How Parents Can Care for Their Children’s Mental Health Over the Holidays


Disclaimer: This post is sponsored by Rogers Behavioral Health. We are thrilled to bring you helpful content from such a respected local resource.

Rogers Behavioral Health

The holiday season can be more challenging than usual for maintaining and cultivating mental health and wellness. The days are shorter, navigating holiday excitement adds a whole new level of stress, and even environmental factors like less sunlight can affect the mental well-being of even the youngest members of the family. 

We reached out to our amazing team of contributors to tell us more about how they navigate mental wellness with their children and connected with the experts at Rogers Behavioral Health to answer the very important question…. 

What should parents do if they are concerned about a child’s mental health? 

Plan Ahead for Challenging Mental Health Seasons

“It took years for me to realize that the changing of seasons is always a trigger for my kiddo. It is amazing to me that this temperature and landscape change triggers her brain and is a reminder of trauma and things she cannot even verbalize. I know how to watch for the triggers at season’s change and to bring her in even closer – to make sure I am connecting well with her. It’s also the time that her therapist and I prepare for and have safeguards in place. I know that if any threats of personal harm happen I am to call the therapist immediately. I know that if any attempt of personal harm happens I take that another step and call Rogers. Thankfully we have been able to learn from years past and put in place tools for a smoother seasonal transition the past couple years but it provides comfort knowing that we have a plan in place and somewhere we can turn to when a higher level of care is needed.” – Charonne G.

Knowing when to seek treatment for a child is something parents should understand, according to Amanda Heins, PsyD, attending psychologist at Rogers Behavioral HealthDr. Heins explains that parents should watch for “an increase in avoiding school and other basic daily living needs, more power struggles in the morning, no longer socializing, and major changes in behavior.” In school this might result in lower grades, less participation in extracurricular activities, and frequent absences. When the school year takes a pause, underlying issues in kids can progress. And without check-ins from adults with a variety of perspectives, these issues can go unnoticed. Parents can check in on their child’s mental health with some simple strategies.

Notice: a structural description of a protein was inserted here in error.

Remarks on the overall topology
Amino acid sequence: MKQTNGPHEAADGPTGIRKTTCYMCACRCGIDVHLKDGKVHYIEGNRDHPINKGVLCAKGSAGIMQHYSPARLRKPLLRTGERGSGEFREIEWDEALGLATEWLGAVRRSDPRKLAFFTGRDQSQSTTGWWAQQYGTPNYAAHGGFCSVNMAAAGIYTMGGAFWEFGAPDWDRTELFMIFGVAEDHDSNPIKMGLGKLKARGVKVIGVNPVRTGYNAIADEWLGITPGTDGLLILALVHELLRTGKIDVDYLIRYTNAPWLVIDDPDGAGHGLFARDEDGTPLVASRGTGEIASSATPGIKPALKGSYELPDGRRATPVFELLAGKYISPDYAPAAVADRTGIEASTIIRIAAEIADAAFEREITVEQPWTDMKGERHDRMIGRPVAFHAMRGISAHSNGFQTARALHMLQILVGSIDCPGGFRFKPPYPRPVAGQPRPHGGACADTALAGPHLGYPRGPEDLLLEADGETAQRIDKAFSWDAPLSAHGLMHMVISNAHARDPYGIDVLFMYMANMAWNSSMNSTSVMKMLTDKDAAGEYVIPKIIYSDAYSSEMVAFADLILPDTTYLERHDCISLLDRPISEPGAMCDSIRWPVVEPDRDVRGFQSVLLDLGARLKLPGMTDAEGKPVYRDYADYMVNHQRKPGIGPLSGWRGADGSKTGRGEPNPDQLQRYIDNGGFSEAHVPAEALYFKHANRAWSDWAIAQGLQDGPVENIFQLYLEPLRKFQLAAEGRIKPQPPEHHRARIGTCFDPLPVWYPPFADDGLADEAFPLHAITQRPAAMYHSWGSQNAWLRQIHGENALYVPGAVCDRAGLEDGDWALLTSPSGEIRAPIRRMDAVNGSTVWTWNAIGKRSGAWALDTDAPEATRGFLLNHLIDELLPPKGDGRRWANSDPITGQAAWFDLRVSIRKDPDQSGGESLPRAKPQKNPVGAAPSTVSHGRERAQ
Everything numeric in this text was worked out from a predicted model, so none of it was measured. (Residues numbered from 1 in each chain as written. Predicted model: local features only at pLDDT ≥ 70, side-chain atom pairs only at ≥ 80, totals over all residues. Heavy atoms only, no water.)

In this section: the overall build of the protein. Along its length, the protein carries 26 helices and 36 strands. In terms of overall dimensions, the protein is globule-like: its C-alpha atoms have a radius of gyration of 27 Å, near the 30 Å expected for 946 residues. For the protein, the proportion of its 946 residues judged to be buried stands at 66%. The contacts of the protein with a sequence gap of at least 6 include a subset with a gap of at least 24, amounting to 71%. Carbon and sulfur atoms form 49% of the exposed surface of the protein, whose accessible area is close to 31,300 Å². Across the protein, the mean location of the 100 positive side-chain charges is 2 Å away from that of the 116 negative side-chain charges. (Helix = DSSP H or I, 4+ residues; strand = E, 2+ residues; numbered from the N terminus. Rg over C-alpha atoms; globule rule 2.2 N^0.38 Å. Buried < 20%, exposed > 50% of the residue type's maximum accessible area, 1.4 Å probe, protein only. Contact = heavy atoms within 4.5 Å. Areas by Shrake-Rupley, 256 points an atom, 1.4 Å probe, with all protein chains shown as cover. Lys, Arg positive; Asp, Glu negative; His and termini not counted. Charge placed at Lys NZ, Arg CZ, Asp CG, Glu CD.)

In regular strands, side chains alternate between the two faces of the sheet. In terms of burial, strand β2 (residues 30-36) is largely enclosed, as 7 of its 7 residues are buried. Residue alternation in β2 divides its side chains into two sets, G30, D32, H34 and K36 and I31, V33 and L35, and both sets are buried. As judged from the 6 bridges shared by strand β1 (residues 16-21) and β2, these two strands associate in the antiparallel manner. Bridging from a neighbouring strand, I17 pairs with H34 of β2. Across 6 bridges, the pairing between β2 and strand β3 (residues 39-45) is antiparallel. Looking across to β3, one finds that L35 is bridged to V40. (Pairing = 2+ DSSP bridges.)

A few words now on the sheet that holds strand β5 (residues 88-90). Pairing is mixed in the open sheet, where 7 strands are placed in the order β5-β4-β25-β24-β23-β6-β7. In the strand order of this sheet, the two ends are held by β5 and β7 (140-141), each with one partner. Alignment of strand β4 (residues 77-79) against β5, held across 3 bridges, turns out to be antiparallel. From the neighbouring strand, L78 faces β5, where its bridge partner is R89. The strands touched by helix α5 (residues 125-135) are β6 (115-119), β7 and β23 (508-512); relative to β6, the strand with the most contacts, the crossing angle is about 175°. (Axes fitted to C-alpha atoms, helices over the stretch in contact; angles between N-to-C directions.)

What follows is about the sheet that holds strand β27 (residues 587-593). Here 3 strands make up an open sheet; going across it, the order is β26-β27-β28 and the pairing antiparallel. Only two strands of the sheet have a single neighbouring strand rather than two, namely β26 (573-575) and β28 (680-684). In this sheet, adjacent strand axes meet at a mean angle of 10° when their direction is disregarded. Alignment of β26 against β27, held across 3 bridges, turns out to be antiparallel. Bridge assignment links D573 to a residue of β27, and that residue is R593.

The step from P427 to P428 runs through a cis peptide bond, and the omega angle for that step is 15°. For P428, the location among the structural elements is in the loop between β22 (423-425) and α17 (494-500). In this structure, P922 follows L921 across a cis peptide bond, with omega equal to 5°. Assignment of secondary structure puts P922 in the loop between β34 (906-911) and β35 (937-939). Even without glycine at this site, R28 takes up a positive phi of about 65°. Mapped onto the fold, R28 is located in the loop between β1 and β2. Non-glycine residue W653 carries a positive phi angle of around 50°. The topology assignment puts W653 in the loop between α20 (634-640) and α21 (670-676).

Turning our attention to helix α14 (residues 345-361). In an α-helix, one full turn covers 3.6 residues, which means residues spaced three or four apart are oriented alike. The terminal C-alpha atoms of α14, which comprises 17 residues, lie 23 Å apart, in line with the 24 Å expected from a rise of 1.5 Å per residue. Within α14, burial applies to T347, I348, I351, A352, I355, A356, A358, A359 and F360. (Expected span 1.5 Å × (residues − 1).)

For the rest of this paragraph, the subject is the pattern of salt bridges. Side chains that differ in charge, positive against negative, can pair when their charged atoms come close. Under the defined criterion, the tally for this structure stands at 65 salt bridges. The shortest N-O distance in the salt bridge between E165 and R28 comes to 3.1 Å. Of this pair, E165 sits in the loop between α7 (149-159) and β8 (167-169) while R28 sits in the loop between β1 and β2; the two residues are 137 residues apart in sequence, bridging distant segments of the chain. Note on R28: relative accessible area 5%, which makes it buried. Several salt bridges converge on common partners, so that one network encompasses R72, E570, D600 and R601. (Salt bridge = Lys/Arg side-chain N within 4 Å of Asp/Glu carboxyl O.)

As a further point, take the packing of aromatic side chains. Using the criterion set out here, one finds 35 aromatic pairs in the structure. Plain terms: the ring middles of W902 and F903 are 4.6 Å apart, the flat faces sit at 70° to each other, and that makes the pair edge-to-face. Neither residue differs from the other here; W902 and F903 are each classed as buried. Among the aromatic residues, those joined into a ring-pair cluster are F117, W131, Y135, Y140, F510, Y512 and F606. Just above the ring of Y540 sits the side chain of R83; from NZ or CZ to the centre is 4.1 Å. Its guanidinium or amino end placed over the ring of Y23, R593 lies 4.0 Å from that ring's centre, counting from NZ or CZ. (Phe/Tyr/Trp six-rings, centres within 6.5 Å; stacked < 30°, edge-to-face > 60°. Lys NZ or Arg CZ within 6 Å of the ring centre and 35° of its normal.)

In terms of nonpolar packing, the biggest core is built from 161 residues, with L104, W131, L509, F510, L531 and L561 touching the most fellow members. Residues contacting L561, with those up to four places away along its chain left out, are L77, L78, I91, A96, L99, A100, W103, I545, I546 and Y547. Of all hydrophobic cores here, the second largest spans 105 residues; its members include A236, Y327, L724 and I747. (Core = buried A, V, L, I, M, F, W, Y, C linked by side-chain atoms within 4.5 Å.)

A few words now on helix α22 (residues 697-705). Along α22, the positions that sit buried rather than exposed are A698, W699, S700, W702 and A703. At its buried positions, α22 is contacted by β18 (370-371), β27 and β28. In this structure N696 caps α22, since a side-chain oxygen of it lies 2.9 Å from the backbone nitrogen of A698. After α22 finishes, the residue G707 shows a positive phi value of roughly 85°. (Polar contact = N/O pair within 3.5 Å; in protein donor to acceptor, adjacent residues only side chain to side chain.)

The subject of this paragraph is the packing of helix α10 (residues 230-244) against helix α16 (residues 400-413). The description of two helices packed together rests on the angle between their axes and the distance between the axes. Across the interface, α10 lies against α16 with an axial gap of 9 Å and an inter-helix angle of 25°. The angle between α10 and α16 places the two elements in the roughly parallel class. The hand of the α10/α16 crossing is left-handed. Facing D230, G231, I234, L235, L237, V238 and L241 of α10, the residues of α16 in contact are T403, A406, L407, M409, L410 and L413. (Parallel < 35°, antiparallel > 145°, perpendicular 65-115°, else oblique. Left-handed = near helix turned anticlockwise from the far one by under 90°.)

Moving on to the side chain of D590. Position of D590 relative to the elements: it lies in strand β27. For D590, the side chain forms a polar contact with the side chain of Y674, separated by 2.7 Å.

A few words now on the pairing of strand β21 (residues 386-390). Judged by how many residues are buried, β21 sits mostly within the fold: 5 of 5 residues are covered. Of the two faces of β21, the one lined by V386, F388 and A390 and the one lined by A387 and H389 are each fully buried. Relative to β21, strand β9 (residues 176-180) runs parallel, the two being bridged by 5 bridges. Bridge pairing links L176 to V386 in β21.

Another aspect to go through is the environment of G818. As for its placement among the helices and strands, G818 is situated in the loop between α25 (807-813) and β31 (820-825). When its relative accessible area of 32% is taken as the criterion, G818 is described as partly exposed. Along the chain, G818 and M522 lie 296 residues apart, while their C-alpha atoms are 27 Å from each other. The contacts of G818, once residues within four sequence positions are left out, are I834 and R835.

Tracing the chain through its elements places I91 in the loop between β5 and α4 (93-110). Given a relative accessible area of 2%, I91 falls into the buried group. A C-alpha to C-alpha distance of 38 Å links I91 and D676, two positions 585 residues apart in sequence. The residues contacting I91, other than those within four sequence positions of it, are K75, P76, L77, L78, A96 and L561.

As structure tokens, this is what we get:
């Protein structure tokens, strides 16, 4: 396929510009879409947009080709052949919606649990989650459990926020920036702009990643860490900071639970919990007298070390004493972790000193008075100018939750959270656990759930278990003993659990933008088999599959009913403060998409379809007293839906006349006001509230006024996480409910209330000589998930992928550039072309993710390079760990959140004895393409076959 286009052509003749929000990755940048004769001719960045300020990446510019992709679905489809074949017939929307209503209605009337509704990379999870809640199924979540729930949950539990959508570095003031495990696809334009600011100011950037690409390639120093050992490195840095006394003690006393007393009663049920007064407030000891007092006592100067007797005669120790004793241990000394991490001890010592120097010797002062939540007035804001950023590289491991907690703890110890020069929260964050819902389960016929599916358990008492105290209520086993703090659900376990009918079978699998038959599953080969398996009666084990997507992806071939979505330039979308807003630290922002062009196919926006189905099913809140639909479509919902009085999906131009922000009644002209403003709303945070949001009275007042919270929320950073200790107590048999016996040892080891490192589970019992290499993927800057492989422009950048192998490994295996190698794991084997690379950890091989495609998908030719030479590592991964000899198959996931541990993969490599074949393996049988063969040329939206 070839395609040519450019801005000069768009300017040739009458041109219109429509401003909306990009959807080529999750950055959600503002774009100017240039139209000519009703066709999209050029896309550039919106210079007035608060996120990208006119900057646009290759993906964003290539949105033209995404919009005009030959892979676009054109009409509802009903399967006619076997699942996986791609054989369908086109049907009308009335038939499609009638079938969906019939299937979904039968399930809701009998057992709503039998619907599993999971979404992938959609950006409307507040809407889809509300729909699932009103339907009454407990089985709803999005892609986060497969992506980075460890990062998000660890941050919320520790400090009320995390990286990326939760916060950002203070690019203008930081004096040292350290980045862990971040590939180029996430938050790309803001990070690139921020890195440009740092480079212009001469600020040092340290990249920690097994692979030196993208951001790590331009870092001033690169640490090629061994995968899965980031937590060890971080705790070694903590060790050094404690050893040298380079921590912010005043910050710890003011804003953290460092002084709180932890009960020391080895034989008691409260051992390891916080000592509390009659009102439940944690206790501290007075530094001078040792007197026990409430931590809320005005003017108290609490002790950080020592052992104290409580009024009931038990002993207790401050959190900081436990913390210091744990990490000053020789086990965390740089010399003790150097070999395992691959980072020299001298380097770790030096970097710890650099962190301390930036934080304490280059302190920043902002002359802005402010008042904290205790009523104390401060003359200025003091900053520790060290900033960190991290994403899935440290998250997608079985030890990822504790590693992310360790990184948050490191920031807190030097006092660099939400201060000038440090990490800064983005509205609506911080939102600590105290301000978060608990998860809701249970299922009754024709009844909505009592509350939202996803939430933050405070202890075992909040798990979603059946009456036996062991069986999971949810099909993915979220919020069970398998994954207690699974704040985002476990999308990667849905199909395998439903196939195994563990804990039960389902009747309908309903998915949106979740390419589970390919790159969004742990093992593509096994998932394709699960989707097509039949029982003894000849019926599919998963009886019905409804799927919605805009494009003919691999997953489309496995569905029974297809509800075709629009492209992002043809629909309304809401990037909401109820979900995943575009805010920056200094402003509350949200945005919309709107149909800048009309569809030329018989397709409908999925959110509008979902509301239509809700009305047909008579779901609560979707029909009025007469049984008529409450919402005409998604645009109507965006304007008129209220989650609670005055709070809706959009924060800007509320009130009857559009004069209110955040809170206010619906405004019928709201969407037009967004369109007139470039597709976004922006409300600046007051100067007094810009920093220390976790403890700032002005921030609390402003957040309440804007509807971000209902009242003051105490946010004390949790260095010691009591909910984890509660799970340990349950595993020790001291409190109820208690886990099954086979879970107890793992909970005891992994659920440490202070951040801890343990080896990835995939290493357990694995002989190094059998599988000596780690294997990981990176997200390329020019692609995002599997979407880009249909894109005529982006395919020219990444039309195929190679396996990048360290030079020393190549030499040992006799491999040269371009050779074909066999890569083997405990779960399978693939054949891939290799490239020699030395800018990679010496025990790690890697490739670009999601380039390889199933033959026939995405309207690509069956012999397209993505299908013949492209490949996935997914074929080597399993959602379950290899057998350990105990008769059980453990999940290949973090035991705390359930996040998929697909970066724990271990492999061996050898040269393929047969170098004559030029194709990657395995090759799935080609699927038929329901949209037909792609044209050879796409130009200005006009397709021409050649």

There are several tools that can be put in place to help transition into the winter season, including methods like a “happy light,” planning a schedule or plan well in advance, limiting the number of unfamiliar settings the family will be experiencing, and more. Working with a mental health professional from Rogers Behavioral Health can be a valuable step toward establishing a mental wellness plan in advance of challenging seasons. 

Signs A Child Might Need a Higher Level of Care

“As a mom of kids with mental health needs, I feel like I have to stay on hyper alert to anticipate difficult situations, identify medication side effects and seek services for kids. Juggling all of the appointments and medications could be a full-time job. My kids have so many amazing qualities that can be hidden by their special needs. I hope that I’ve given them enough support and tools so they can be successful and share their whole selves with the world.” – Abby C.

Knowing that mental health is not a one-size-fits-all concept, the experts at Rogers Behavioral Health suggest working in partnership with a trusted provider to create a plan that works for your child and your family. Sometimes, the necessary care extends beyond a particular season. Signs that a child or teen may require intensive outpatient treatment or a higher level of care may include:

  •       Major changes in behavior: no longer participating in activities that were previously enjoyable
  •       Not socializing with peers they used to spend time with
  •       Increased hopelessness or suicidal ideation
  •       Missing school regularly or a couple times a week
  •       Extra rituals or routines at home that lead into late hours at night

Be Brave Enough to Seek Help

“Please don’t avoid this resource because you are scared. It’s painful and terrifying to trust these highly trained, qualified people to care for your child and get them the help they need. But, remember – you know your child best. Your support by utilizing these resources when things get dangerous is what your child needs.” – Jill N.

As the saying goes, “It takes a village to raise a child” and sometimes that village needs to include trained mental health professionals who can join forces with parents to bring support, treatment, and guidance to children who need it. Above all, acknowledging that seeking help for mental health needs is a sign of bravery, not weakness, is crucial. Be brave, Mama. And know that the team at Rogers is prepared to provide that next level of care for you and your family. 

How Parents Can Care for Their Children’s Mental Health


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